Metabolic syndrome predicts hospitalization in hemodialysis patients: a prospective Asian cohort study.
ABSTRACT Metabolic syndrome (MS) increases morbidity and mortality in the general population. The effects of individual components of MS differ in hemodialysis (HD) patients, but the composite effects of MS in this population are unknown.
We performed a prospective, cohort study including 235 HD patients who were followed up for 3 years. We used modified Asian criteria of the National Cholesterol Education Program Adult Treatment Panel III (NCEP ATP III) to define the presence of MS, and compared the hospitalizations and deaths in patients with and without MS.
Patients with MS had a lower hospitalization-free ratio, greater annual hospitalization days and frequency than those without MS. The relative risk of the presence of MS was 1.669 in predicting first hospitalization for all causes.
The modified Asian criteria for MS successfully predicted the risk of hospitalization as compared with NCEP ATP III criteria in HD patients.
- Nutrition 12/1996; 13(1):65-65. · 2.86 Impact Factor
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ABSTRACT: The increased health risks associated with obesity have been found to occur in Asians at lower body mass indices (BMIs). To determine the optimal cut-off values for overweight or obesity in Taiwan, we examined the relationships between four anthropometric indices and cardiovascular risk factors. The data were collected from four health-screening centers from 1998 to 2000 in Taiwan. Included were 55 563 subjects (26 359 men and 29 204 women, mean age=37.3+/-10.9 and 37.0+/-11.1 y, respectively). None had known major systemic diseases or were taking medication. Individual body weight, height, waist circumference (WC), and a series of tests related to cardiovascular risk (blood pressure, fasting plasma glucose, triglycerides, total cholesterol, low- and high-density lipoprotein cholesterol) were assessed and their relationships were examined. Receiver operating characteristic (ROC) analysis was used to find out the optimal cut-off values of various anthropometric indices to predict hypertension, diabetes mellitus and dyslipidemia. Of the four anthropometric indices we studied, waist-to-height ratio (WHtR) in women was found to have the largest areas under the ROC curve (women=0.755, 95% CI 0.748-0.763) relative to at least one risk factor (ie hypertension or diabetes or dyslipidemia). The optimal cut-off values for overweight or obesity from our study in men and women showed that BMIs of 23.6 and 22.1 kg/m(2), WCs of 80.5 and 71.5 cm, waist-to-hip ratios (WHpR) of 0.85 and 0.76, and WHtR of 0.48 and 0.45, respectively, may be more appropriate in Taiwan. WHtR may be a better indicator for screening overweight- or obesity-related CVD risk factors than the other three indexes (BMI, WC and WHpR) in Taiwan. Our study also supported the hypothesis that the cut-off values using BMI and WC to define obesity should be much lower in Taiwan than in Western countries.International Journal of Obesity 10/2002; 26(9):1232-8. · 5.22 Impact Factor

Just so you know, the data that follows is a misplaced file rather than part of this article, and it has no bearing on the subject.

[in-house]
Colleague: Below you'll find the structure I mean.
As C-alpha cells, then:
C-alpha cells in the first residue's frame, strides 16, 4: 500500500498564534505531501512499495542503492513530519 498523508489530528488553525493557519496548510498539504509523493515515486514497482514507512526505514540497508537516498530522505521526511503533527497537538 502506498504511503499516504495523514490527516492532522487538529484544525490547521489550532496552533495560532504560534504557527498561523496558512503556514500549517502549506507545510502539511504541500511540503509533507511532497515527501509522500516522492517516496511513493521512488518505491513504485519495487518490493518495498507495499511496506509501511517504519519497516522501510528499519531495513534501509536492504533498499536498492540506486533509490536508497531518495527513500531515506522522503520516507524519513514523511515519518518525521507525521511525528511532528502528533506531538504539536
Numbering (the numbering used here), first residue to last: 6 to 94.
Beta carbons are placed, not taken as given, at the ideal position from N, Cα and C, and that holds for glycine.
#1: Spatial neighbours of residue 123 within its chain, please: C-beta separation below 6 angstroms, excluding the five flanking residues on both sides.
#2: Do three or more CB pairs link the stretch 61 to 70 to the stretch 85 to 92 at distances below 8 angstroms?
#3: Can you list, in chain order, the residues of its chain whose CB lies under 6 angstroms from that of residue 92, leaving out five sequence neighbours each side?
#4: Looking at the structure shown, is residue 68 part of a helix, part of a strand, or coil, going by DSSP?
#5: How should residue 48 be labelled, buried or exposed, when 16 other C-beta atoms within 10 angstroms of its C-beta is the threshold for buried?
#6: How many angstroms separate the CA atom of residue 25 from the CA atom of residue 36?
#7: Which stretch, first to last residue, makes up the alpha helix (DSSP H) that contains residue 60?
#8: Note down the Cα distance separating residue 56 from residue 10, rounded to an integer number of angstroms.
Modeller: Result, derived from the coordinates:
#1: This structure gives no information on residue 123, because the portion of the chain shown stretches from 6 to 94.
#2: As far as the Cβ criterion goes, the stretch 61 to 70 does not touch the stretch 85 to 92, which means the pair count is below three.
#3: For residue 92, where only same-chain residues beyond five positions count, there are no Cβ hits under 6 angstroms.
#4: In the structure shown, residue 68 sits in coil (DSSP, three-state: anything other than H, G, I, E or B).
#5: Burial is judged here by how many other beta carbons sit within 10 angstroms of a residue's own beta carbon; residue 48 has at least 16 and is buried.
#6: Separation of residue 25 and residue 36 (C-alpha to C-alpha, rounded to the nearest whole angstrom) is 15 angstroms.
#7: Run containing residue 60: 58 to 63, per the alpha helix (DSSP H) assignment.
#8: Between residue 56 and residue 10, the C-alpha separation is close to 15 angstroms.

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ABSTRACT: Conventional risk factors of cardiovascular disease and mortality in the general population such as body mass, serum cholesterol, and blood pressure are also found to relate to outcome in maintenance dialysis patients, but often in an opposite direction. Obesity, hypercholesterolemia, and hypertension appear to be protective features that are associated with a greater survival among dialysis patients. A similar protective role has been described for high serum creatinine and possibly homocysteine levels in end-stage renal disease (ESRD) patients. These findings are in contrast to the well-known association between over-nutrition and poor outcome in the general population. The association between under-nutrition and adverse cardiovascular outcome in dialysis patients, which stands in contrast to that seen in non-ESRD individuals, has been referred to as "reverse epidemiology." Publication bias may have handicapped or delayed additional reports with such paradoxical findings in ESRD patients. The etiology of this inverse association between conventional risk factors and clinical outcome in dialysis patients is not clear. Several possible causes are hypothesized. First, survival bias may play a role since only a small number of patients with chronic kidney disease (CKD) survive long enough to reach ESRD. Hence, the dialysis patients are probably a distinctively selected population out of CKD patients and may not represent the risk factor constellations of their CKD predecessors. Second, the time discrepancy between competitive risk factors may play a role. For example, the survival disadvantages of under-nutrition, which is frequently present in dialysis patients, may have a major impact on mortality in a shorter period of time, and this overwhelms the long-term negative effects of over-nutrition on survival. Third, the presence of the "malnutrition-inflammation complex syndrome" (MICS) in dialysis patients may also explain the existence of reverse epidemiology in dialysis patients. Both protein-energy malnutrition and inflammation or the combination of the two are much more common in dialysis patients than in the general population and many elements of MICS, such as low weight-for-height, hypocholesterolemia, or hypocreatininemia, are known risk factors of poor outcome in dialysis patients. The existence of reverse epidemiology may have a bearing on the management of dialysis patients. It is possible that new standards or goals for such traditional risk factors as body mass, serum cholesterol, and blood pressure should be considered for these individuals.Kidney International 04/2003; 63(3):793-808. · 7.92 Impact Factor